Ciarán Whelan: 'One important factor sets Dublin apart from the pretenders to their crown'
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The hype may not quite be in overdrive just yet with a fairly low-key introduction to the championship in both London and New York last weekend but you can be sure that will address itself in due course once Dublin get their campaign up and running.
Like most of this decade, the focus will primarily centre on the Dubs as they lie on the cusp of history.
The question that’s preoccupying most people is whether Jim Gavin’s men will achieve what no other county has managed, namely achieving the coveted five-in-a-row.
It’s fair to say that Dublin’s form over the spring failed to match that of previous league campaigns but taking any league form into account when assessing the forthcoming championship is fraught with danger.
Granted, Dublin failed to reach the final for the first time since 2012 but most observers would acknowledge that Gavin was far more experimental in his team selection than in previous years and they were proficient when they needed to be.
If we are assuming that the Leinster Championship will be as comfortable a procession as it has been for a long time now – although Meath look a rejuvenated team – then Dublin have a decent amount of time to fine-tune their preparations for the Super 8s.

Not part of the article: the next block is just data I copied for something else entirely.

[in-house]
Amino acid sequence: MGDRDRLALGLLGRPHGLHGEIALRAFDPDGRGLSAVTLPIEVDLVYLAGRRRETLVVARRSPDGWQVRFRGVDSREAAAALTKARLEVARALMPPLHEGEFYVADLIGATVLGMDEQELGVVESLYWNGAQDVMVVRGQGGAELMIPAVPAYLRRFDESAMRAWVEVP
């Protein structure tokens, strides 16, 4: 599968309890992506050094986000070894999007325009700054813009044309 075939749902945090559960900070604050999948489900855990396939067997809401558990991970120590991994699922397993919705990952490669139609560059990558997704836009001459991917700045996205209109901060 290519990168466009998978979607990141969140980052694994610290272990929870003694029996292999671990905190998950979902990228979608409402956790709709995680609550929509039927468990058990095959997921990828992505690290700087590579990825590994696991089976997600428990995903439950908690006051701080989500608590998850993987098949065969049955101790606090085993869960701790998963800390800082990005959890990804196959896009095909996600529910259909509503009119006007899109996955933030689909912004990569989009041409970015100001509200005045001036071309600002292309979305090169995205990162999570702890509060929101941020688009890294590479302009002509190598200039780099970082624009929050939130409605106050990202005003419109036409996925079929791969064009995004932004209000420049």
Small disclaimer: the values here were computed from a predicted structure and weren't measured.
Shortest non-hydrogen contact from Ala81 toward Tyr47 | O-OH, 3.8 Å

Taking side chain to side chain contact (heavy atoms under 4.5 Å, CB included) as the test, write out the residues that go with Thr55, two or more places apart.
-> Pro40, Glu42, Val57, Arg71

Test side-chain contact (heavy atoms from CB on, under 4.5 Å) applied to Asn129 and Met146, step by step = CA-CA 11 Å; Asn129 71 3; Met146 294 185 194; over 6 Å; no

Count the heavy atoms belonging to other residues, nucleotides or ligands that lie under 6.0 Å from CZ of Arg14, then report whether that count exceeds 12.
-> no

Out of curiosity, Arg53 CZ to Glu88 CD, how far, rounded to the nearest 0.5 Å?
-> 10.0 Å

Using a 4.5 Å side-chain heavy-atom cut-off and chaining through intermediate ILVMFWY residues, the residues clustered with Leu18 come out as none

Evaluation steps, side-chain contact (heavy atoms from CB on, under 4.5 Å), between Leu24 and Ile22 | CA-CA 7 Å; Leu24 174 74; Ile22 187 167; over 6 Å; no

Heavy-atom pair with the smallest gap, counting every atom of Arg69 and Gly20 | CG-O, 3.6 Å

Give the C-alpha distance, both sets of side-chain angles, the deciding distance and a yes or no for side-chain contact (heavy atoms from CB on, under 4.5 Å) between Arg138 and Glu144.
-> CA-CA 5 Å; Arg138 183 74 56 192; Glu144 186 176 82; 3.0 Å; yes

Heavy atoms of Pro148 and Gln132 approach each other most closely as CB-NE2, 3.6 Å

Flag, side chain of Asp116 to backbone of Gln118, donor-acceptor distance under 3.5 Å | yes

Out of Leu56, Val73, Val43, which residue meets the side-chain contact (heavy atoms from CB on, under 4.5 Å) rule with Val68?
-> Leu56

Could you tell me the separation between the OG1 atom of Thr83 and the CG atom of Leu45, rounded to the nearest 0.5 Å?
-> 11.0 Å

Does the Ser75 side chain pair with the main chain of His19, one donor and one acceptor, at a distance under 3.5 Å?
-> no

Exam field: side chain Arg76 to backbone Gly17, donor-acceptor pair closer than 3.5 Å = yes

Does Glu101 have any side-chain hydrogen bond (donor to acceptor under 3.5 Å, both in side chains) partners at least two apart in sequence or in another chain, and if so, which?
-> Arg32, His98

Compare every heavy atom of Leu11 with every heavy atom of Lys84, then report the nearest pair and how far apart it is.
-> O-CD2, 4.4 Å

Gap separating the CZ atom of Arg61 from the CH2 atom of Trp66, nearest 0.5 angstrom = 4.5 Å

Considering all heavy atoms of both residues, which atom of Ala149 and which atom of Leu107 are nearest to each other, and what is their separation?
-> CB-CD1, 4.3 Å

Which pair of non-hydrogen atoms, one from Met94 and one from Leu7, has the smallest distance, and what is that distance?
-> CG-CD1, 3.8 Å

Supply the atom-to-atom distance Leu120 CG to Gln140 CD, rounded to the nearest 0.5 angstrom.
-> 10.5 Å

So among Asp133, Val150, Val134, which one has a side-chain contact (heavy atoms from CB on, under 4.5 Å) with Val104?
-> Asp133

It’s fair to say that they have work to do but experience tells me that you learn more from your losses than you do from steamrolling the opposition, and I would expect Dublin to make the necessary tweaks to their game in advance of tougher tests down the line.
There is certainly a huge sense of anticipation around the capital as Dublin look to make history.
Some of the mind games have already started regarding the greater pressure that the players might be under as a result.
It’s difficult to know how the panel will be affected by such excitement but you can only assume that they will show the same mental toughness and focus that has been such a vital component of their national dominance.
There is a sense that Dublin are not as strong as they used to be and that they may prove vulnerable this year with opponents feeling that they may be susceptible to an aerial assault at the back.
However, the return of Rory O’Carroll may address that perceived concern and with rumours that Diarmuid Connolly may also be involved, it strengthens Dublin’s hand even further.
If both players return to action, there is sufficient time within the Leinster Championship for both to be assimilated back into the team.
There’s no doubt that Dublin are a stronger unit with a fully-fit and fully-focused O’Carroll and Connolly directly involved.
There are certainly improvements to be made in the coming months and you certainly would like to see Dublin move the ball at greater speed in attack.
But when you look at the fulcrum of the team, you cannot but feel confident in the team’s ability to meet every challenge that’s presented to them.